Prior to the Game at The Valley on Monday, April 22nd, Charlton Athletic offered supporters the chance to be PSA tested before kick off. 273 people undertook the test. The tests were undertaken by the Barry Kilby Prostate Cancer Appeal.
The PSA test is a blood test that can help diagnose prostate problems, including prostate cancer – the most common cancer in men in the UK. You can find out more information here:- www.the-bkpca.com
Of the 273 participants, 242 have been sent a green letter which means no follow up is required, whilst 10 received amber letters meaning a follow up is required. 13 people were sent red letters meaning that an immediate follow up is required.
Among the participants on the day was Charlton legend Chris Powell, who gave his thoughts on the importance of events like PSA testing.
"Obviously like many Charlton supporters I’ve been PSA tested. I’ve been an ambassador for almost 6-7 years now and it’s something that’s close to my heart. I thought I’d lend some support, I’m free at the minute so I’m not only here to watch the game I’m here to get tested like plenty of men should do.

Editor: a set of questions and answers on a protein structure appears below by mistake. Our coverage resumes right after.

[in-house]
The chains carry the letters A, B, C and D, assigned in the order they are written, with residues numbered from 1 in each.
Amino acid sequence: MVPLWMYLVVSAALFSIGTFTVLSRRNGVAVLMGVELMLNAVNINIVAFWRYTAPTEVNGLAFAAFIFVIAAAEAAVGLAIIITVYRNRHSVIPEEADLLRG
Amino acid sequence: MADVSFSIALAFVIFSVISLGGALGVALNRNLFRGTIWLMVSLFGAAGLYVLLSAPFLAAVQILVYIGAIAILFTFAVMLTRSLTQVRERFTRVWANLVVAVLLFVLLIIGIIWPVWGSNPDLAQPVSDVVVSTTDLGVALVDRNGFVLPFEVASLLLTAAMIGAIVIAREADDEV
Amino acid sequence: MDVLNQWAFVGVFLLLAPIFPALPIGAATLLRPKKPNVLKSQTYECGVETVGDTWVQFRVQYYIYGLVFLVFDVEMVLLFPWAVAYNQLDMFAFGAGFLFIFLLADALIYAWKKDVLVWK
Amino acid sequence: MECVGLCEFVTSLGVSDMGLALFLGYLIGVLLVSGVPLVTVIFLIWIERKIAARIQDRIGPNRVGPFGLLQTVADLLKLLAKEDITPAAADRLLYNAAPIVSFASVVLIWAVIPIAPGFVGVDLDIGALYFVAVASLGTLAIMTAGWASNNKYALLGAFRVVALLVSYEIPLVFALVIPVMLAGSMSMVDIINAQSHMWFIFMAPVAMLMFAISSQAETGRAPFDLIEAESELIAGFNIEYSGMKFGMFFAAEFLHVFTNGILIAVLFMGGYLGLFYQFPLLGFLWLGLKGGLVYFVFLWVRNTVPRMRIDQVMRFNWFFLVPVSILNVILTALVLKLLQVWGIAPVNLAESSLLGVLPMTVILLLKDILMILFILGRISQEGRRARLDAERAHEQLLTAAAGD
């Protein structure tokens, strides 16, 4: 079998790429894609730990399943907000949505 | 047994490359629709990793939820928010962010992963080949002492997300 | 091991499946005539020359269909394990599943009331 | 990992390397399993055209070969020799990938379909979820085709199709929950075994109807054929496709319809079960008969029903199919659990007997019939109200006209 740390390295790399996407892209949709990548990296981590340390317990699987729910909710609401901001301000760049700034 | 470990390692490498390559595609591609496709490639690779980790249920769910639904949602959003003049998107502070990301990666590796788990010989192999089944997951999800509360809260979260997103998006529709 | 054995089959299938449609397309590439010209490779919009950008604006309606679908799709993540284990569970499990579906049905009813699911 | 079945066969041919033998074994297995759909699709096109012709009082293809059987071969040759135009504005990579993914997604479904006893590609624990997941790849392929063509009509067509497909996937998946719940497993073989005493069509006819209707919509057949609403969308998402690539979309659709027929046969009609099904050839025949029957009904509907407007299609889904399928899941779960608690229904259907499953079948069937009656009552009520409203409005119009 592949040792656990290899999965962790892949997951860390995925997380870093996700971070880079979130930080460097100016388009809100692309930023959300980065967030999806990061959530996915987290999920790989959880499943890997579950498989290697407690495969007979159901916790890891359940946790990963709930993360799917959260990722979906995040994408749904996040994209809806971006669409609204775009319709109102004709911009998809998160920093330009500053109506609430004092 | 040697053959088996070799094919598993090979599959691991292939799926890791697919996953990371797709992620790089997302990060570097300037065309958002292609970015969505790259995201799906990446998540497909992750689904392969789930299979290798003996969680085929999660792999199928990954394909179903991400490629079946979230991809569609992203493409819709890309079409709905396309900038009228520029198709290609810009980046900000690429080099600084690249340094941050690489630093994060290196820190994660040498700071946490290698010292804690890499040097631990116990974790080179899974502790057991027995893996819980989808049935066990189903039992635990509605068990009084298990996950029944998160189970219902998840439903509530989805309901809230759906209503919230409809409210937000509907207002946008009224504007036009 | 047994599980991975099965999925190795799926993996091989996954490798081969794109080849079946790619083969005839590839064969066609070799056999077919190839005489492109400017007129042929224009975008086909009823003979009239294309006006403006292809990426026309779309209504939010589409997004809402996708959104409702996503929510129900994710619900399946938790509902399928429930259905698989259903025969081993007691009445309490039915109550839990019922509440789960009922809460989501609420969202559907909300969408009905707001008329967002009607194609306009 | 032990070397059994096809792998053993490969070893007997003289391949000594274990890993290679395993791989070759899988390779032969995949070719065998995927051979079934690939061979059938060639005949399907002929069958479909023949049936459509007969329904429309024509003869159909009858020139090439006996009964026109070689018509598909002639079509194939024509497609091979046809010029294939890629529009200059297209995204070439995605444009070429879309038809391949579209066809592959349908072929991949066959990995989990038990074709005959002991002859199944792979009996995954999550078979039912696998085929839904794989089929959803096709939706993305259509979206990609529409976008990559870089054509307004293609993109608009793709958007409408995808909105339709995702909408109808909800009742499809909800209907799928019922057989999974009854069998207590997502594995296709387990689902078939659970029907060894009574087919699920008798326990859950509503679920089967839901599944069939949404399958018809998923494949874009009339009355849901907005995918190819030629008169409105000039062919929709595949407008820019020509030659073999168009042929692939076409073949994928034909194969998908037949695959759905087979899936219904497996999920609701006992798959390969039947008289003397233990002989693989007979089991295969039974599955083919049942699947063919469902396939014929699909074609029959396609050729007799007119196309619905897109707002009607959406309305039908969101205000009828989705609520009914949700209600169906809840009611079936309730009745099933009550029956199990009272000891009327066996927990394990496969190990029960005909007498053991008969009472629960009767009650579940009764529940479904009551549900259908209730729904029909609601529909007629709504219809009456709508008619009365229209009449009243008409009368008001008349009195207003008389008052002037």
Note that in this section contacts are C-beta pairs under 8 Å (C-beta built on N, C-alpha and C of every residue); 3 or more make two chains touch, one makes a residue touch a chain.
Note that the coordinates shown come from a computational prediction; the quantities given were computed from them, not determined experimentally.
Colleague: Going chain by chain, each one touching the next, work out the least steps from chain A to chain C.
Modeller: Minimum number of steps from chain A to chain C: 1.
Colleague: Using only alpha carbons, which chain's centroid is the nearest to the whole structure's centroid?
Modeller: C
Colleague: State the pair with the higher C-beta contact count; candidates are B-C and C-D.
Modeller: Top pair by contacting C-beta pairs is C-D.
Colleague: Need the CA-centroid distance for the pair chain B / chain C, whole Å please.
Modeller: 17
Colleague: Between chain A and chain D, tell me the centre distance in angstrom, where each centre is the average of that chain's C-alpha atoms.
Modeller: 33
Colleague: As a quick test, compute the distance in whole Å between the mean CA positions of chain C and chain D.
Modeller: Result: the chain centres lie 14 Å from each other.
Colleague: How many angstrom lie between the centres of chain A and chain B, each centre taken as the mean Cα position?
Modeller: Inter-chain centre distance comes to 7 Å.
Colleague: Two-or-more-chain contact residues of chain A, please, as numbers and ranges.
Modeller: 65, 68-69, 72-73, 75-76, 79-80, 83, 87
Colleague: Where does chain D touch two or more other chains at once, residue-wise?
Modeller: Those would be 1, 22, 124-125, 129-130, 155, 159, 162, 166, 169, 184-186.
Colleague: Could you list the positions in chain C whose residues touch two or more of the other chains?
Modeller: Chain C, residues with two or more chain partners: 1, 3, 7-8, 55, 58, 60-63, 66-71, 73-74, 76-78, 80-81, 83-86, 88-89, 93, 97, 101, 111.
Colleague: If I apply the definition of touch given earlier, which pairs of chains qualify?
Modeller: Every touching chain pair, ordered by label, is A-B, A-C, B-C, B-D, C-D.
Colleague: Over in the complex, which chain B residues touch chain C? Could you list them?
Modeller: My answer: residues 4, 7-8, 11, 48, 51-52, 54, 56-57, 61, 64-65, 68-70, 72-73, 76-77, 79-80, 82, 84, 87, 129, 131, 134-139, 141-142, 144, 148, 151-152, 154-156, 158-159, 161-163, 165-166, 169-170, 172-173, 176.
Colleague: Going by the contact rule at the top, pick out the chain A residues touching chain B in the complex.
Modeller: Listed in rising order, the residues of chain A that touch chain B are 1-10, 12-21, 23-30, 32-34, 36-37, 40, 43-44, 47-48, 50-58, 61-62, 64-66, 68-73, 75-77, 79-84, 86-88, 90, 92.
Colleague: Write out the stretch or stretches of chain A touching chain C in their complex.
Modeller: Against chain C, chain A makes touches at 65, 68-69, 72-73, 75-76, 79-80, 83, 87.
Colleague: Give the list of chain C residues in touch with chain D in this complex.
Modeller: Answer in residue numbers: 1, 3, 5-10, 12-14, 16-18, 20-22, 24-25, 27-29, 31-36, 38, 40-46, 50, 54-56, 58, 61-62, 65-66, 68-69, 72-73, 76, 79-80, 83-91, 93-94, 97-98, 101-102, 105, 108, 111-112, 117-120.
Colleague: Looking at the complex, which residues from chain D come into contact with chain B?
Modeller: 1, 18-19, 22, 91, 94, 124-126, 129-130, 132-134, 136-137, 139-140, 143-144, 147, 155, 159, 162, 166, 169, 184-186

Most men don’t like going to the doctors or dealing with health issues. It’s something we should do, women have always been better at it. As men we need to encourage each other to be tested and so that’s one of the reasons why I’m here".
Chris Powell admitted that he's not a fan of needles but reiterated the importance of being tested.
"I’m not a fan of needles, I never have been! But you know what, it has to be done. I tend to get tested on my birthday so that’s sort of my way to remember to do it once a year, so I’m doing it a little bit earlier this year, which is fine! But I’m still going to be testing myself each year.
I encourage members of my family and my friends to get tested and I encourage anyone watching this, just to maybe nudge a member of their family or a friend or even a colleague at work to get tested."
Also at the event was Tracey Leaburn who holds the cause close to her heart.
"my dad passed away from prostate cancer, I don’t feel as though men go to the doctors [enough] or if they do go to get a PSA test sometimes they’re not being encouraged to have It done. Men do come to football though so were bringing the test to them!
Leaburn was happy with how the event unfolded and detailed the good attitude and words of encouragement participants exchanged with each-other during the testing.
"It’s been unbelievable. I’ve been in tears, I met a lady outside who said that her brother had passed away at 48, he was diagnosed at 47 but it was too late for him.
There’s so many people shaking hands and saying well done and it just shows what it means to everybody and I cant thank people enough for coming along and supporting it."